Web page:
Kenyan presidential favourite, opponent Raila Amolo Odinga is biding his time. Facing him, Vice-President William Ruto hopes to thwart the predictions.
"I will accept the result of the election, whatever it is." Last March, the vice-president of Kenya, William Ruto, showed that the presidential election, which will take place this Tuesday, August 9, would be more than uncertain. First of all, because the incumbent president, Uhuru Kenyatta, did not support his number 2 as he should have initially.
“The person to whom I will hand over power, and you all know him, and you mentioned his name, will inherit an economy of 13 trillion shillings (more than 000 billion dollars, editor's note). I can't take the risk of handing over to someone who won't take care of this economy, and I say it here without fear. I'm going to hand over to this person, the one you all know,” Kenyatta explained in an interview.
What announce an exciting election. William Ruto, a former ally of dictator Daniel arap Moi, is at the head of a hybrid coalition, which sweeps as much to the right as to the left. Facing him, Raila Amolo Odinga therefore enjoys the support of the current Head of State. And if the election will fascinate the media, it is not sure that it will be the same among voters: only 12% of young Kenyans who have reached voting age between 2017 and 2022 have registered on the electoral lists.
Raila Odinga remains a real phenomenon, however: after three failures in the last three Kenyan presidential elections - in 2007, 2013 and 2017 - it would be an event to see him take the reins of the country thanks to the alliance of the carp and the rabbit. The story would be beautiful: since his passage in the prisons of Daniel Arap Moi until the presidency, there is a gap. Especially since "RAO" has long contested the victory of the outgoing president, who supports him today.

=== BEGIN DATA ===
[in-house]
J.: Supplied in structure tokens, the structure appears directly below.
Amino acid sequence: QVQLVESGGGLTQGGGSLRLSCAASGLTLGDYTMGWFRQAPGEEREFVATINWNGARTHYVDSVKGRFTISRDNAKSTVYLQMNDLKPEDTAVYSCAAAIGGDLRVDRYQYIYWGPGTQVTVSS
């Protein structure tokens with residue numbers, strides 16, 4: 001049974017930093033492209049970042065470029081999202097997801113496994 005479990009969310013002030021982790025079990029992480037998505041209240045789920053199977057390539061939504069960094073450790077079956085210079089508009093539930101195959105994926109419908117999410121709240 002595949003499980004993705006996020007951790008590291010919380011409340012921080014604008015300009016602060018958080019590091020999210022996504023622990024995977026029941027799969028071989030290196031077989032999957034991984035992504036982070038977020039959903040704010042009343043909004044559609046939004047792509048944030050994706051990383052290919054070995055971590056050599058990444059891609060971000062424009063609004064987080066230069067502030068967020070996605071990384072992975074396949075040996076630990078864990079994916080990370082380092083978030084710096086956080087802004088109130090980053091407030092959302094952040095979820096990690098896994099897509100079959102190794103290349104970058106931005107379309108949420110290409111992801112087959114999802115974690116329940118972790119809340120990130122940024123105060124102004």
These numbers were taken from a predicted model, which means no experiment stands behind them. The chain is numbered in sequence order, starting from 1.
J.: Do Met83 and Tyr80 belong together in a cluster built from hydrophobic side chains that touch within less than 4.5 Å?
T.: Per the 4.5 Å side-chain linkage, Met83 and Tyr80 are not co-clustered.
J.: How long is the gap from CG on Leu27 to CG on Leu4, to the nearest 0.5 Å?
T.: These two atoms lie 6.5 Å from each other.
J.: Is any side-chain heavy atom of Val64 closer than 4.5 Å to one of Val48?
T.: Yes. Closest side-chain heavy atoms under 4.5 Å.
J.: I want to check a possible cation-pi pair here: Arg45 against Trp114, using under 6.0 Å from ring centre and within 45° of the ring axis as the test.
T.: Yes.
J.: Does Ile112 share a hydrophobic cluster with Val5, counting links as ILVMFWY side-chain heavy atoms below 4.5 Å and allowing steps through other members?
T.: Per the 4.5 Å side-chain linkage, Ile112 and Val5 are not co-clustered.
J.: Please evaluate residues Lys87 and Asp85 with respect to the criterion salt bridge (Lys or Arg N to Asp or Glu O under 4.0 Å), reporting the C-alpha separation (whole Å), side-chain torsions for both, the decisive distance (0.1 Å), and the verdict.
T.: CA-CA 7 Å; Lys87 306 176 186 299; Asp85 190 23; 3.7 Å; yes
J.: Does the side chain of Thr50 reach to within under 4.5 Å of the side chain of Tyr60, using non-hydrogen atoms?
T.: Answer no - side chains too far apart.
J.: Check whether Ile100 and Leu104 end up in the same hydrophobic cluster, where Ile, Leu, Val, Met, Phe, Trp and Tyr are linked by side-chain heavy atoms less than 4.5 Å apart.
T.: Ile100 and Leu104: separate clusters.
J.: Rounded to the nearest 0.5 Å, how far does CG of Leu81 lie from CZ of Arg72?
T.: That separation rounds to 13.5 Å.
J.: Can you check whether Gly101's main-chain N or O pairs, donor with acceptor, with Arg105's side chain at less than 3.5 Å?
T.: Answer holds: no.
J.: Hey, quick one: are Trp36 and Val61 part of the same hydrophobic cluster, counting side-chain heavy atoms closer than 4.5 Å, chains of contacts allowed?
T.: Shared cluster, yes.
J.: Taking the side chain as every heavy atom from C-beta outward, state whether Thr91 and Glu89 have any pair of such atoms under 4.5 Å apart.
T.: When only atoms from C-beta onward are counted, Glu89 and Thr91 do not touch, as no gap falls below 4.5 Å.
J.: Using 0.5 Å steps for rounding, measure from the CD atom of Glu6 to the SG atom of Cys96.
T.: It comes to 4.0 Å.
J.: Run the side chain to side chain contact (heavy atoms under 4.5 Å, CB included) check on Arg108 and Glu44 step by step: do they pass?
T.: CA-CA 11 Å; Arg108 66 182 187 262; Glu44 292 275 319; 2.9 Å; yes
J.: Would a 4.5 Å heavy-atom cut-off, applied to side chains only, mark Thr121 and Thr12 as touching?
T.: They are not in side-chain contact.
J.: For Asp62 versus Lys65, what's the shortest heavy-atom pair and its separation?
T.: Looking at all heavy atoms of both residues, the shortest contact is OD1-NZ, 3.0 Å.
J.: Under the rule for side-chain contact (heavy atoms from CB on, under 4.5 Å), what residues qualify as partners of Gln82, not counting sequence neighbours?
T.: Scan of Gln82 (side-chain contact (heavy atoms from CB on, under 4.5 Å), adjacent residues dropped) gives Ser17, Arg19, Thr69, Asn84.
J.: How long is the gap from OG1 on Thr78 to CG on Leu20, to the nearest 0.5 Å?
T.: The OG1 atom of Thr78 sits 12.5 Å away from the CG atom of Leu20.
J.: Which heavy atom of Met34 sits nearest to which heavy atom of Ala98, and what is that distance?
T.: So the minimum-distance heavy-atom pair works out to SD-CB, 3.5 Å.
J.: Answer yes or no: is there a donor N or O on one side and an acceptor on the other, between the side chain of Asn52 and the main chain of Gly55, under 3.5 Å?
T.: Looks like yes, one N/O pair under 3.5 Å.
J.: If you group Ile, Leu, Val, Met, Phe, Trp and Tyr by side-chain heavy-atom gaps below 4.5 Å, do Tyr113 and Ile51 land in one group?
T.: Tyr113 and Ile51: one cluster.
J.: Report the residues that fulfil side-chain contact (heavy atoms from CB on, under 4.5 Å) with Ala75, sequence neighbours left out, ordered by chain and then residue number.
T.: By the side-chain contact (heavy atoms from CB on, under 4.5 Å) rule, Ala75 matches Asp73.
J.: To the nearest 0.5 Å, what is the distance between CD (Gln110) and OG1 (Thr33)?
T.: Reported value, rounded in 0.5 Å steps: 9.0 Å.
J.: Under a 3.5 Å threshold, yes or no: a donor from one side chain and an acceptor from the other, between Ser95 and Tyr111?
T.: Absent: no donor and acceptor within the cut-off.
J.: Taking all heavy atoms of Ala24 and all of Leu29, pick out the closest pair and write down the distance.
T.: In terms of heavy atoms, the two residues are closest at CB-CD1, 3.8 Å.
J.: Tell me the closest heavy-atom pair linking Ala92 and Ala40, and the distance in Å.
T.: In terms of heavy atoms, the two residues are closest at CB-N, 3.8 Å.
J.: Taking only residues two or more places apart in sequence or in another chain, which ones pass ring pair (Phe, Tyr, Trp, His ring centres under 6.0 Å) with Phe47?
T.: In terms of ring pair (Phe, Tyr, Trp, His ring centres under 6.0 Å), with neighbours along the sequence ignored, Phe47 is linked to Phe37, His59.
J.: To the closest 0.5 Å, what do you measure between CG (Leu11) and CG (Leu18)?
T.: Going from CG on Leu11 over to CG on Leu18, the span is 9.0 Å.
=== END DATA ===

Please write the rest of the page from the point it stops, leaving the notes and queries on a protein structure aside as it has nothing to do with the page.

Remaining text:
A possible second round?
But Kenyatta revived, knowingly, his opponent who was on the verge of asphyxiation. All against a backdrop of war with its vice-president William Ruto. The latter was to be the legitimate successor of Kenyatta, but the estrangement got the better of the alliance between the two men. Ruto now criticizes Kenyatta for not having been able to lead Kenya correctly. It targets the most modest populations and does not hesitate to practice populism to stand out.
If a lot of money was spent during this campaign, it did not raise the level of the debates. "RAO" and Ruto chained the accusations of corruption. They avoided crossing paths and having to talk too much about politics in the noble sense of the term. The first even refused to debate on television against the second.
Observers are now focused on the vote: on the side of Nyanza, Odinga should be full. On the Rift side, Ruto can count on his electoral base. The other regions are more uncertain, and abstention should blur the estimates a little more.
Another unknown: the post-election period. Post-election violence is feared by observers, who wonder if the loser will accept the verdict of the polls. Finally, if other candidates come out on top, then a second round will be needed.